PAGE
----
"I think I am my mum's best friend; more than a daughter." - Carrie Fisher
"You know I love you." - Debbie Reynolds
They banter and argue like most mothers and daughters do, but there is a certain aura in the late Carrie Fisher and the late Debbie Reynolds' relationship as it is shown in the HBO Documentary feature Bright Lights: Starring Carrie Fisher and Debbie Reynolds. Filmed as Debbie was closing her live shows, the documentary follows Fisher and Reynolds as the latter readies herself to retire from performing in front of people in Las Vegas.
It's a great inside look on the lives of Carrie and Debbie. I love how the two of them live next door to each other, which is quite an unusual arrangement. There might have been some years of estrangement between them but the love of a mother will always be there for her child, much less a daughter who has a mental condition - we learn here that Carrie showed manic depression (which became bipolar disorder in time) when she was just 13 years old. Imagine that Carrie already had this condition when she was making the first Star Wars trilogy. The relationship between mother and daughter is touching. Old home videos show the family - Debbie, Carrie, and Todd - how much they care for each other and how happy they are even amidst the controversies. It's very funny how both Todd and Carrie call their mother Debbie and she allowed it. Their may be people may have seen it as disrespectful but it was really endearing and admittedly, adorable to hear them call their mother by her name because they say it with love.
The houses of both actresses explain so much about their personalities. Carrie's is very quirky and colorful and Debbie's showcases posters of her old films and photographs on mantels.
There's a part in the documentary where Carrie explained that she had two personalities, most likely her having schizophrenia or really just being high on meth - Roy and Pam. But I love the fact that she shared a private video of her being high on drugs, traversing the Great Wall of China on Christmas Day to the world. I love that, if she was alive at this very moment, she wouldn't be embarrassed at the viewers who would see that clip and could have hated her after. It shows how brave a woman she was and how she makes us aware that drug addiction and mental illnesses exist and affects a lot of people, and that combined, can be destructive.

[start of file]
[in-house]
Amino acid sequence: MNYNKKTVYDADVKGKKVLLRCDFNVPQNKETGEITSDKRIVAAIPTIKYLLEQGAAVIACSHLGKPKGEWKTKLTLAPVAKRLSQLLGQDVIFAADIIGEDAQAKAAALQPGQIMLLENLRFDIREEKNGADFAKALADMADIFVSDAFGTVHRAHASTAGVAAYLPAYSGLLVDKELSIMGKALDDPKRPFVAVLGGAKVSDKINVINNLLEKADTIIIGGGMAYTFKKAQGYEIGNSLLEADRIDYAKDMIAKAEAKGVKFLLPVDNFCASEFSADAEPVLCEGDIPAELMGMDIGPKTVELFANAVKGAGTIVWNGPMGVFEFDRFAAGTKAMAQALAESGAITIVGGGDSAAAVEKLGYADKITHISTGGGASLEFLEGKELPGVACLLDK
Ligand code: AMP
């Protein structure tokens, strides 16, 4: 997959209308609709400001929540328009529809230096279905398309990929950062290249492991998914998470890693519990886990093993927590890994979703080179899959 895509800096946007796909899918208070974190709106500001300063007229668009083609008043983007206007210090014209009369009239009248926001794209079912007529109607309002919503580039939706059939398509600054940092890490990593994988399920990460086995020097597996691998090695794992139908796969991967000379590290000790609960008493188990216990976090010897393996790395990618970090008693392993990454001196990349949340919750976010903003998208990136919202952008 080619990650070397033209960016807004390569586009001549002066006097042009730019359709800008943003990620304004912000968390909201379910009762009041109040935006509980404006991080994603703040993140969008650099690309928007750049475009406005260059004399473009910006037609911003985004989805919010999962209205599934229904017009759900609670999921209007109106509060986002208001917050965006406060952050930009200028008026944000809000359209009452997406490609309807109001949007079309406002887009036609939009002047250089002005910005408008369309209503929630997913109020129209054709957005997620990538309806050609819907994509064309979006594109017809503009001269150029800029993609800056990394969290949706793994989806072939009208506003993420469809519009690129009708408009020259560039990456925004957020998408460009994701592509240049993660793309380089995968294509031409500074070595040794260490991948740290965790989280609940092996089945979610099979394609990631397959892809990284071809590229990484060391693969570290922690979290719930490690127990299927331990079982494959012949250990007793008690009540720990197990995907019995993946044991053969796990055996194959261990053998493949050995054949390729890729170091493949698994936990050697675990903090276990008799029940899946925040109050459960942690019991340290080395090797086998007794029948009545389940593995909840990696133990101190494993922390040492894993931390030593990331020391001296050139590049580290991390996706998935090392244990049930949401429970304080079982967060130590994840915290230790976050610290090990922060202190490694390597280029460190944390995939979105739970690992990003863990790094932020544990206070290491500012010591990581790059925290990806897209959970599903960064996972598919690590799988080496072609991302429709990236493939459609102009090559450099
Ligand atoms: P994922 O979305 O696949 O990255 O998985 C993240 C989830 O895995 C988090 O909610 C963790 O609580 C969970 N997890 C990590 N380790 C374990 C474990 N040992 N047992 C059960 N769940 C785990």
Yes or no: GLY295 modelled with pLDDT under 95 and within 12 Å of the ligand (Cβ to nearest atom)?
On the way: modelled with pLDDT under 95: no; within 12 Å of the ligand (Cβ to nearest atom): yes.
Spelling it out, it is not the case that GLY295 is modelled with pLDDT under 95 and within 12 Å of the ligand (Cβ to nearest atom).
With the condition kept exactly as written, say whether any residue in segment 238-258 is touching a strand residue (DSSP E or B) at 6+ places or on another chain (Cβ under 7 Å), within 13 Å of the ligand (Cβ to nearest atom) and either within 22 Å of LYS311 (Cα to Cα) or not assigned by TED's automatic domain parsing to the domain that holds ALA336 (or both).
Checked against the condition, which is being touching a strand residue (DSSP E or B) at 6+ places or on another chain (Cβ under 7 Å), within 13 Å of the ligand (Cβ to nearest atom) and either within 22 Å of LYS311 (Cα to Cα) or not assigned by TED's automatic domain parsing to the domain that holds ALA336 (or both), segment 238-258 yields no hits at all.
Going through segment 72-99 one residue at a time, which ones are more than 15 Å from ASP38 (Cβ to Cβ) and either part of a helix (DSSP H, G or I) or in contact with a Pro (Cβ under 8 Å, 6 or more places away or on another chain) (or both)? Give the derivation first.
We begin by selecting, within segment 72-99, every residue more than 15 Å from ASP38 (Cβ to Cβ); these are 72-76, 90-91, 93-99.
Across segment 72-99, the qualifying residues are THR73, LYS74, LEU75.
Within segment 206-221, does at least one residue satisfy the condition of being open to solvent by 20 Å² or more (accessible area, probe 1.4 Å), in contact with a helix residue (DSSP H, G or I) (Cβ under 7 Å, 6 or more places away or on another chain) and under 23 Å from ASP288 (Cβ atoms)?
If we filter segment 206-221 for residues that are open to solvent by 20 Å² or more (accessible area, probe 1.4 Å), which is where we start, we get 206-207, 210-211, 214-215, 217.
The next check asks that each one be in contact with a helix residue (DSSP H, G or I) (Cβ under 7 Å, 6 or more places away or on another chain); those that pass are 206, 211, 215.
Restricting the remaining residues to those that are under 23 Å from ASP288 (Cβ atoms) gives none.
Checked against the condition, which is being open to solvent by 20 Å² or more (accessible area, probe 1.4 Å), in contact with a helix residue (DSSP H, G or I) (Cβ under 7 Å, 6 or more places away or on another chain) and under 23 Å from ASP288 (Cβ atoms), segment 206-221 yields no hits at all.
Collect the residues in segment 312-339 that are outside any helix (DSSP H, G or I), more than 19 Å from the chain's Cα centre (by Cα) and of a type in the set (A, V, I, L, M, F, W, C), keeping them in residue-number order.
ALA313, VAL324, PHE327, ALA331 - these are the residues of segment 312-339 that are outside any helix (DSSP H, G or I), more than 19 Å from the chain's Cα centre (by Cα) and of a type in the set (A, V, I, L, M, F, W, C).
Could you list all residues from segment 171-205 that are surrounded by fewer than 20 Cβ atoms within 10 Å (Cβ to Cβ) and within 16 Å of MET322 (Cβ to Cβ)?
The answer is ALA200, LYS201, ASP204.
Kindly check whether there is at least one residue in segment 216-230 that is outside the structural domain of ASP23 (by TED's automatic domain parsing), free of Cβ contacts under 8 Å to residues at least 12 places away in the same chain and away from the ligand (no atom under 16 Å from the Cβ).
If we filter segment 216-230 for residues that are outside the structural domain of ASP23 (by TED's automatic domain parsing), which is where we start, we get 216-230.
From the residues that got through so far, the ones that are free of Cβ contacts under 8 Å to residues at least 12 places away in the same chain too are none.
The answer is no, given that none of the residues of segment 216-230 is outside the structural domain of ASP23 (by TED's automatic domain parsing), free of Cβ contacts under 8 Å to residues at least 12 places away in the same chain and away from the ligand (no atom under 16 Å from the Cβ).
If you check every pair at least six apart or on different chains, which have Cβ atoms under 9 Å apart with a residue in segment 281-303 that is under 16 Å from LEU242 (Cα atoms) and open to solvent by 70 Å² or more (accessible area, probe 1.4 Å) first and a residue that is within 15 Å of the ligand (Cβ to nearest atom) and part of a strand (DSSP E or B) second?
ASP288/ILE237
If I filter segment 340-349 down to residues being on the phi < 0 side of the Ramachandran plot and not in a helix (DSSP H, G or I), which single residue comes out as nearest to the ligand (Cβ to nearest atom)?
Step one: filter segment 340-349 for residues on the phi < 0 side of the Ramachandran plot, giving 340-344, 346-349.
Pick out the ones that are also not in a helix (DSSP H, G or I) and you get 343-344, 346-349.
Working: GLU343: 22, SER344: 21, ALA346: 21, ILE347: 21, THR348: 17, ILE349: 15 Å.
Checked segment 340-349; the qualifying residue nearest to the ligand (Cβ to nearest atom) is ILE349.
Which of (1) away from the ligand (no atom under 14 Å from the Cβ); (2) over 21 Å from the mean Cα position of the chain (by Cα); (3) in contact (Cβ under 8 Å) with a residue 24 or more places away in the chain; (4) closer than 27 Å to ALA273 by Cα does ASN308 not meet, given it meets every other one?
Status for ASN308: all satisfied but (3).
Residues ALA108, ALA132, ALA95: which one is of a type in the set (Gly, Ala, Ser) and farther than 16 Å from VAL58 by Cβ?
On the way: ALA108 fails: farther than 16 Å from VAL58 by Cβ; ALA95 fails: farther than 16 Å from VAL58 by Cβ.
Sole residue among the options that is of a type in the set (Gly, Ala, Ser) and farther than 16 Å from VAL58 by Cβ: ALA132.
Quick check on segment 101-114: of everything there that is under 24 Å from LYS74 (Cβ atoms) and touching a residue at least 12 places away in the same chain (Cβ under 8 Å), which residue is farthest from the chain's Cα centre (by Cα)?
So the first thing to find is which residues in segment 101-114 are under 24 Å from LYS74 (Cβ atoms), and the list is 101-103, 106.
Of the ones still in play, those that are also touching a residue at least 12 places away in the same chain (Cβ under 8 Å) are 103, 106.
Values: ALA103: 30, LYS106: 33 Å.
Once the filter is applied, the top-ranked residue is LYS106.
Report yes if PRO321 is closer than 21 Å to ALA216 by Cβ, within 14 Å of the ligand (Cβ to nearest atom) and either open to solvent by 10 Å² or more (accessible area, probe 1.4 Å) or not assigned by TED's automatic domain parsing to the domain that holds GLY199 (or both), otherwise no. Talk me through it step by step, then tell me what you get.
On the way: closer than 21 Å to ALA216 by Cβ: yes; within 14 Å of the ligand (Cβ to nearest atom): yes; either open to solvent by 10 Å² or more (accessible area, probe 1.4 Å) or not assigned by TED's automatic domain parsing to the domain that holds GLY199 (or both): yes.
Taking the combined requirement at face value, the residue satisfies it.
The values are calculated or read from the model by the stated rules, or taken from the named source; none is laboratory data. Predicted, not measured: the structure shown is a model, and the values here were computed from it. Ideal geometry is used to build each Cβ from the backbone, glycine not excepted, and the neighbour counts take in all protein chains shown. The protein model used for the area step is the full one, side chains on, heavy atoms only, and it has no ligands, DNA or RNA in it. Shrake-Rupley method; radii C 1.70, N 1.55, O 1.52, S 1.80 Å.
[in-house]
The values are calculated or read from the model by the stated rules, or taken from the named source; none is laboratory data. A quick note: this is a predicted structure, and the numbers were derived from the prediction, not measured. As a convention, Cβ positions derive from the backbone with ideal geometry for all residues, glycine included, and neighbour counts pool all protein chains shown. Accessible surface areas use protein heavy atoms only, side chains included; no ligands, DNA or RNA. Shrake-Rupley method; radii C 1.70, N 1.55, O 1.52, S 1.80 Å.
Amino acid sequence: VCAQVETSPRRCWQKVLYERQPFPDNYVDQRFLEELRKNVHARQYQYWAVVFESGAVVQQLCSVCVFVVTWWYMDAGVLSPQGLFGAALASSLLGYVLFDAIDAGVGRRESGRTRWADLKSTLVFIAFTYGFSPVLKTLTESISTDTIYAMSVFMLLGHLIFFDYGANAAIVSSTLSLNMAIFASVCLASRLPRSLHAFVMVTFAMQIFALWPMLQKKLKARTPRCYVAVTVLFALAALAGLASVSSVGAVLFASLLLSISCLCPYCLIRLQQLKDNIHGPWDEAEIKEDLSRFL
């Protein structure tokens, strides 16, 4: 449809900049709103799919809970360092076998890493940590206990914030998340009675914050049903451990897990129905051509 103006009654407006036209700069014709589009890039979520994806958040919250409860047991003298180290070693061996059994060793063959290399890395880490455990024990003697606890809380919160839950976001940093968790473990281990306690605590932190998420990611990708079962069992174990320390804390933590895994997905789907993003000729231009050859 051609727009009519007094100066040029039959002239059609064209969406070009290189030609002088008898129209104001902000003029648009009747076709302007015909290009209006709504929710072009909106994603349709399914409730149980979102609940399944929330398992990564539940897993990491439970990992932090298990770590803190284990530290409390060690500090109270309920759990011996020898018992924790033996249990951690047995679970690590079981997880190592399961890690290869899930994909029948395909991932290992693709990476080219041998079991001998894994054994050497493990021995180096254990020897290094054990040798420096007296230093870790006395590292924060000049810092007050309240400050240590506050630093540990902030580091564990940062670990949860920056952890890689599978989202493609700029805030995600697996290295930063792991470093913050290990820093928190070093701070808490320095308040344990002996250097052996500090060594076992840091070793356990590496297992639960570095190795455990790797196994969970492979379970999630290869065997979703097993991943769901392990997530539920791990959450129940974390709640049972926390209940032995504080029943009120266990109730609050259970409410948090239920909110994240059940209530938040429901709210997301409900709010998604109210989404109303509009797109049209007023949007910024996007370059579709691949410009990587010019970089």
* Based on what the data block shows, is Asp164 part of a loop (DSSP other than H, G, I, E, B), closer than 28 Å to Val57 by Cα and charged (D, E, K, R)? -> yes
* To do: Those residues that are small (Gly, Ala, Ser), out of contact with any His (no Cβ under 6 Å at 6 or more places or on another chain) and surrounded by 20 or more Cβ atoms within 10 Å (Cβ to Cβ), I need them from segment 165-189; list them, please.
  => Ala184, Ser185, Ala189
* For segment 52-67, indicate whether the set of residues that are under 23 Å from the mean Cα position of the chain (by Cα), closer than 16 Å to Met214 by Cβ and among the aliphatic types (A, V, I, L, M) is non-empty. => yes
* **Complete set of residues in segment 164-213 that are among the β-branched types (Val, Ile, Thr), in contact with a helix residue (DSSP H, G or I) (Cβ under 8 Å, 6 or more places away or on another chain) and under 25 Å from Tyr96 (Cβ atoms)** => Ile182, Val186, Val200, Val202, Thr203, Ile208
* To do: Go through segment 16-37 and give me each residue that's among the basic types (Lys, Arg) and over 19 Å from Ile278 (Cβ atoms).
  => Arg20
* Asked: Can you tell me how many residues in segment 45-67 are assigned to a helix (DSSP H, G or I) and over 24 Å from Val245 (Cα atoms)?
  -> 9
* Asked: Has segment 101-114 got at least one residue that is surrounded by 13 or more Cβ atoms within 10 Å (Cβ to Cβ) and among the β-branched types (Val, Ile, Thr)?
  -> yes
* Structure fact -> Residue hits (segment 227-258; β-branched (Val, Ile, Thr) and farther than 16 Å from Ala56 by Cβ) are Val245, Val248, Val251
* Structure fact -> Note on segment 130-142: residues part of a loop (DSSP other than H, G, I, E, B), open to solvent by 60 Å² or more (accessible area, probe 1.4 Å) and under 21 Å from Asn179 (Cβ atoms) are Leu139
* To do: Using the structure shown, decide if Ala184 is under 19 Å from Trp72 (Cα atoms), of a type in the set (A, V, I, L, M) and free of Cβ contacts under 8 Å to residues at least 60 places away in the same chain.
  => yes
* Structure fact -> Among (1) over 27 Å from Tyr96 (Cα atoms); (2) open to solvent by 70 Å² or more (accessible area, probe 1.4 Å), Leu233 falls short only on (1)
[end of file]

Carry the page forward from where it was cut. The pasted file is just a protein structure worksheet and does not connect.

One of the things that touched me is that Debbie never gave up on her and her only disappointment was that Carrie never did nightclub acts like her. It was the only thing that she would have loved Carrie pursue because she actually wanted her daughter to show the world how great a singer she is - like mother, like daughter. But in this documentary, Carrie sang a lot of snippets, but it showcases how a great singer she was. She even sang a little of Barbra Streisand's Funny Girl. Another is when Todd explains that Carrie was special to their mother and hearing him say that with no jealousy in his voice explains how special their relationship is to one another.
Bright Lights is so heartbreaking. They were so alive, so animated. Carrie was worried that Debbie would soon leave them for another journey. She was getting ready to leave. But it was Carrie who went on the adventure first; Debbie followed. It's a great documentary about them and just see the dynamic between mother and daughter. There's forgiveness and love and understanding. I miss them already.
It's also coincidental that Debbie loved Christmas because of the lights. Carrie even described her as being Christmas because she was special. Both mother and daughter passed away just after the holiday as if both waited just to see the lights of Christmas for the last time. They now see, infinitely, the best and brightest light of them all.